Too many meetings

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Re: Too many meetings

Postby Noels » Fri Jul 08, 2016 3:06 am

Goooood morning beautiful people :D I feel that I need to share this as ive heard it (and is guilty of having used it myself) in the past. I will point it out shortly but before I do I need to say this :
I don't think its that some advice and suggestions given are wrong advice. Its possibly more a situation of " the right advice / suggestions given to the wrong person ". In my experience :wink: there is definitely a difference between a low-bottom alcoholic and a high-bottom alcoholic. YES, the program works for both low and high bottom alcoholics BUT the process is/could be different.

Then to come back to what I have been guilty of myself. These words :never return and die or used before by all of us, me included, words like " alcohol kills " or " this is a matter of life and death " etc etc

You see, with someone like me these words have no effect whatsoever for the simple reason that to me DEATH IS A FACT, NOT A FEAR. I cant "slip" death twenty bucks to come back later BUT I CAN choose how I want to live my life until death comes. Yes, alcohol kills. So could tripping over the dog, falling off the ladder, being in a car accident, bumping my head ...... Therefore I rather concentrate on HOW I LIVE NOW therefore I choose to live each day sober.

I don't quite know why I felt to bring this up in this particular thread but here it is for whatever reason it should be here.

Have an amazingly awesome weekend and chat again later.

mwah xxx Noels
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Re: Too many meetings

Postby Stepchild » Fri Jul 08, 2016 9:00 am

Ravensgrl wrote:I am on the fifth step.


I guess if I had any suggestion...It would go along with the book.

When we decide who is to hear our story, we waste no time. We have a written inventory and we are prepared for a long talk.
pg 75

Just keep moving forward Ravensgrl.
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Re: Too many meetings

Postby Reborn » Fri Jul 08, 2016 9:33 am

Fellowship is important and meetings is where we find that but fellowship does not keep me sober...following the directions in the Big Book does. I tell my sponsees to go to as many meetings as you can but more importantly when you lay your head down at night...when you are all alone...ask yourself honestly..."what did I do to move forward in my recovery today?" If the only answer you can come up with is "I went to a meeting" that is a half measure and those avail us nothing. Raven I am excited for you...the 5th step is where I really felt the presence of God for the first time in my life...keep moving forward and great things will come to pass!
We have recovered, and have been given the power to help others. BB pg 132
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Re: Too many meetings

Postby emeraldg » Sat Jul 09, 2016 4:24 pm

I have yet to reply to a discussion on this forum yet, but reading through this really hit home. Thank you so much for posting this Raven. Brock and Noels have a great head on their shoulders, and so many times on here their advice has helped me to see the distortions in my thinking. I will offer what my experience has been, but I will not offer advice because in the past when I have done that, even with my sponsees, it has likely been simply to make myself feel better and justify my own sick patterns and behaviors. I believe there is no "one size fits all" approach to anything, and my old regimental ways have likely scared newcomers off. It didn't work. And it was only to make my own self feel more in control of people, places and things. It was cult-like, sick thinking. I hope this can be even the slightest helpful to you, and if not maybe to someone else. And if not, that's great too.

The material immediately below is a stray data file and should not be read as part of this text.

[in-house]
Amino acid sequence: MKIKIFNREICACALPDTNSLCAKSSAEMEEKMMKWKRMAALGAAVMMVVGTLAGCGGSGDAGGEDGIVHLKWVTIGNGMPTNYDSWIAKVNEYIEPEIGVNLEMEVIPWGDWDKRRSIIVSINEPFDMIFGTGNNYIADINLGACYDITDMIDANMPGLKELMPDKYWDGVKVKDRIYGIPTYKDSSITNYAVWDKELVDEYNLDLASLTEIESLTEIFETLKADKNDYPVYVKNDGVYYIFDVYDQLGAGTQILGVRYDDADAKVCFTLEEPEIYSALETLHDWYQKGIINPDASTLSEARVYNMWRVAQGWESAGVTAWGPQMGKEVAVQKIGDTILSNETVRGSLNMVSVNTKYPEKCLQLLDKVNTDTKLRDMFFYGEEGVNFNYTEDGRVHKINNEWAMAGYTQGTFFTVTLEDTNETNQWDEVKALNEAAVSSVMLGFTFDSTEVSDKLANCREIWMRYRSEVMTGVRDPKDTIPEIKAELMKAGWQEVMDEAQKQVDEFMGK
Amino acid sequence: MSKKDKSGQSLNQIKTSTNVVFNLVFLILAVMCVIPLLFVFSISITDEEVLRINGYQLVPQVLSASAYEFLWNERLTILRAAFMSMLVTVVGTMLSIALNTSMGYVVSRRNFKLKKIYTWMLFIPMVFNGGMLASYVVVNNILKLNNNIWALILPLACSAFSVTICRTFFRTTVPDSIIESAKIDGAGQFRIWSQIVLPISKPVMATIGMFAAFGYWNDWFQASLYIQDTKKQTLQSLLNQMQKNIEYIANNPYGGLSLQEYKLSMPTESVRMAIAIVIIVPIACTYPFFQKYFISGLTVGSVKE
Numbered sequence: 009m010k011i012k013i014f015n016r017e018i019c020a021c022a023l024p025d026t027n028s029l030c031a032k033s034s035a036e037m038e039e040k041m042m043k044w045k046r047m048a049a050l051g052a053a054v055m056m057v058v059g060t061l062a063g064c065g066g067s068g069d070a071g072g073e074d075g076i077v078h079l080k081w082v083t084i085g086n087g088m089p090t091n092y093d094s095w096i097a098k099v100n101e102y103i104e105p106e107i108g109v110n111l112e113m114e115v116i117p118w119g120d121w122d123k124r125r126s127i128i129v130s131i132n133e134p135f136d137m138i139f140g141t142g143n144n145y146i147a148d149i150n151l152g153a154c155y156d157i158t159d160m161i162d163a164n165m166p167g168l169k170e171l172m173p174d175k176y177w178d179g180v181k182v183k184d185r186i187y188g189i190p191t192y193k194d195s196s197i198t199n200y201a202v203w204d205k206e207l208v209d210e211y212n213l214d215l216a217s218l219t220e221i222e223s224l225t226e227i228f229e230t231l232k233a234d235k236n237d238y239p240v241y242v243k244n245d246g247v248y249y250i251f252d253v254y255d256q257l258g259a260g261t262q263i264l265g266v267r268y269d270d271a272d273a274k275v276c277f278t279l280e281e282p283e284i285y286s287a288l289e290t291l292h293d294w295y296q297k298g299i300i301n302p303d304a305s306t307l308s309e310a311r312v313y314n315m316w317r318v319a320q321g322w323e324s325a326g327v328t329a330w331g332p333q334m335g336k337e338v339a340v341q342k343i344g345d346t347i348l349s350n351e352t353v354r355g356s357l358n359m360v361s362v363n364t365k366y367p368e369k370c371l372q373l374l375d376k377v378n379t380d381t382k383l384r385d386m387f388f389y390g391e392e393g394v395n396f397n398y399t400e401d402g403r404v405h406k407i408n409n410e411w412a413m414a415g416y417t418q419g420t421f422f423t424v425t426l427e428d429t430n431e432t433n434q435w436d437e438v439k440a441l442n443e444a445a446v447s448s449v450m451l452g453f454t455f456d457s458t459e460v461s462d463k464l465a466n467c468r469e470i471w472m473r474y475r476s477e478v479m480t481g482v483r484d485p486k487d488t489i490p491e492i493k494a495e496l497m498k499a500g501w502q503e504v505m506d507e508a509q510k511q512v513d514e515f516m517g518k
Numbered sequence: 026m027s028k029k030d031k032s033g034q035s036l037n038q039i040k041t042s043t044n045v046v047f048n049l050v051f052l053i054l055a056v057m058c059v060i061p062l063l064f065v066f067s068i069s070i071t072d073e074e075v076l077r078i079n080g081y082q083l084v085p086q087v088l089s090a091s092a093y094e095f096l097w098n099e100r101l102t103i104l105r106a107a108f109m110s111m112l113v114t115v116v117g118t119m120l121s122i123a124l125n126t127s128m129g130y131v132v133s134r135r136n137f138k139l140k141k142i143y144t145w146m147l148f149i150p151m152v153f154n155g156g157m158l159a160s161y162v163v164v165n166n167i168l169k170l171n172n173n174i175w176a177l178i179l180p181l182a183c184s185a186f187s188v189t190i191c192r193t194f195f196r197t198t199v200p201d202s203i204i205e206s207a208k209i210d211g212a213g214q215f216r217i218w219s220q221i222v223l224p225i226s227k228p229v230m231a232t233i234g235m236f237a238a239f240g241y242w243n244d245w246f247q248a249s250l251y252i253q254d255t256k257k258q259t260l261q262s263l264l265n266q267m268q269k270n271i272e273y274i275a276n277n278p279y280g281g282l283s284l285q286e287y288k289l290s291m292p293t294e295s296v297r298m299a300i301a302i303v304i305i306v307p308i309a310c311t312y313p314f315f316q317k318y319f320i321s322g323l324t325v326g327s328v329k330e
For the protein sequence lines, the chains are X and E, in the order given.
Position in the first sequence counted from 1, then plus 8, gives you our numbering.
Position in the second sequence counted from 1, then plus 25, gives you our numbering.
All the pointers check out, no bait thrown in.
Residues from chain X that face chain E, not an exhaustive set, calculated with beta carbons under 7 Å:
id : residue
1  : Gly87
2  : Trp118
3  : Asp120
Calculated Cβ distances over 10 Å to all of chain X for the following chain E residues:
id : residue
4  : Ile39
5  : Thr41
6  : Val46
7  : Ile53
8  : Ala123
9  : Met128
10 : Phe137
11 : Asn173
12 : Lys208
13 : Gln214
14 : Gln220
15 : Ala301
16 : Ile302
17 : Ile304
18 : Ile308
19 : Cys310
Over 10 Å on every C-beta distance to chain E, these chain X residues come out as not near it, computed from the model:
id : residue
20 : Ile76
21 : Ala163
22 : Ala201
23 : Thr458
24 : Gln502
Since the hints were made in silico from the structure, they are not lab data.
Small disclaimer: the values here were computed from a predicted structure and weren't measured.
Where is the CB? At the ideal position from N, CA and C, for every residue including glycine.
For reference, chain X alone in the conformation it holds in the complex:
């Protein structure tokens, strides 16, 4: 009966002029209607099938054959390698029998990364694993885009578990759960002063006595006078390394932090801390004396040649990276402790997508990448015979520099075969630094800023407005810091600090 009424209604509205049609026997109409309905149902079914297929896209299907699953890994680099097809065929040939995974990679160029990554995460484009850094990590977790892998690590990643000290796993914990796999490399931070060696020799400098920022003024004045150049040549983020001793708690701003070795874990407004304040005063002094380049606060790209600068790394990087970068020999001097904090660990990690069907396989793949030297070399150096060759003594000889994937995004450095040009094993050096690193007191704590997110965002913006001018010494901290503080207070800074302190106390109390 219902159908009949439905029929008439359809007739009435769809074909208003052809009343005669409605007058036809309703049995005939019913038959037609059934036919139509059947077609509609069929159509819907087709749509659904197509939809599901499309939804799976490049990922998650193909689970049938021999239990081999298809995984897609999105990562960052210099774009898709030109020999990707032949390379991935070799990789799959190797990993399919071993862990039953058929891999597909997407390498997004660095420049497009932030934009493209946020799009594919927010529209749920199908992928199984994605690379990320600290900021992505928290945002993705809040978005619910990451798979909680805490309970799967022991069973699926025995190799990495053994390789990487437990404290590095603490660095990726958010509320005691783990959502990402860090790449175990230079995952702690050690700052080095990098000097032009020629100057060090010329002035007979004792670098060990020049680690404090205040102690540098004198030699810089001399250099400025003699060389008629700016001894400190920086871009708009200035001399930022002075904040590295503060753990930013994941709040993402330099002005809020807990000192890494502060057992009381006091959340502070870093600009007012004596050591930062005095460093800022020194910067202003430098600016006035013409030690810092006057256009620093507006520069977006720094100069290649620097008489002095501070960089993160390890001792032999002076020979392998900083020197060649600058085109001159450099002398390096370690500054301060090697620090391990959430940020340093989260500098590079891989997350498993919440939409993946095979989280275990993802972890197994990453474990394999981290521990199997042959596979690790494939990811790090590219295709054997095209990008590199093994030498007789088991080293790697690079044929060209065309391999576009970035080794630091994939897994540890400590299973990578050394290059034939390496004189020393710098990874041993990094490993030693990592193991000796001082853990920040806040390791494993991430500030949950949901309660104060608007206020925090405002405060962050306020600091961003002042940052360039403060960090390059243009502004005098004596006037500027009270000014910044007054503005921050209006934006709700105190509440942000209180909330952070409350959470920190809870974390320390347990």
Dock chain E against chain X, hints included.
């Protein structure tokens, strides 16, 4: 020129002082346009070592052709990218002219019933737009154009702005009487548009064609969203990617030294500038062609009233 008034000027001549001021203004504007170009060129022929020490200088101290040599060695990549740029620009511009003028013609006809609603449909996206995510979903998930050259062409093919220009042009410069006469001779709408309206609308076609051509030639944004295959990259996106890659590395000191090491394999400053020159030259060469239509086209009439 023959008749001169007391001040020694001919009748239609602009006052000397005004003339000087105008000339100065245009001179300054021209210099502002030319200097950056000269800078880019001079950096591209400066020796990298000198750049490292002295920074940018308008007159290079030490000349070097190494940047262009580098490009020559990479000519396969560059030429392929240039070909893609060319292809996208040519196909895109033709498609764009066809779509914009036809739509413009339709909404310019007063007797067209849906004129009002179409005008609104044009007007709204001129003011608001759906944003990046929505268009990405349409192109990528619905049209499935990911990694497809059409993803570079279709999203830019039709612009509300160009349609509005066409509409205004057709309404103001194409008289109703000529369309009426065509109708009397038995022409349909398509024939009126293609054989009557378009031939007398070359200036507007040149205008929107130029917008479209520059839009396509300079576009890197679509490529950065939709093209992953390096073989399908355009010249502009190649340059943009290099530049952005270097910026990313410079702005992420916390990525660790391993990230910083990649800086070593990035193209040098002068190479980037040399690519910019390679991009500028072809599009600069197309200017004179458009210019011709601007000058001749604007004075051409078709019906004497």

I came into the program believing I was a high bottom drunk. I still had a husband,my health, beautiful children, a house, a job, an education and a car. Once I was sober for a year, I took on sponsees, which in hindsight was detrimental to them and myself. I gossiped about them and was always on the hunt for drama. I would preach to others. I always had to feel "better than". I was still so sick despite my constant attendance at meetings.

I then sought contact with a god as I understood him. I really had not done that. I began to repeat the steps and incorporate them into my life. I really had not done that either. And then, my reality hit me like a mack truck once I stood before my god with my reality as it was. I had hurt SO many people, and being physically dry and attending meetings did not change that. By the time I took honest stock of myself a couple of years into the program, my husband was finished with me, my physical ill health from alcohol abuse had caught up with me, my sponsees were scared and turned off by me and my children and colleagues resented me. It was just me and god and the reality of my sickness. My bottom was actually very, very low. I am literally THE LAST person who should ever be telling anyone else how many meetings to attend or how to run their lives. As you can see, this is where that led me.

I needed to experiences those losses. I needed to learn the hard way. I had to rebuild from nothing. I am positive that's not everyone's experience.
Now, I attend daily meetings because I want to. Because I feel better afterwards. Because it's like exercising to me and eating well. Because it is a place where I can actually give something back to people without sucking them dry. I can just be quiet and listen to others. I am speaking for me only, that going to a lot of meetings allows me to give quality, reciprocal relationships toward my loved ones, friends and colleagues who are not alcoholics/in the program, even if it is somewhat limited. Perhaps when I am at a place where my relations have been restored with my loved ones outside of the program, I will have more balance with my time. And that is perfectly OK for you to seek that. Balance is healthy, but this alcoholic has not been very healthy. Brock says it so well that it is not all about the meetings. Soldiers at war stay sober without attending meetings. This soldier is not strong enough for battle just yet.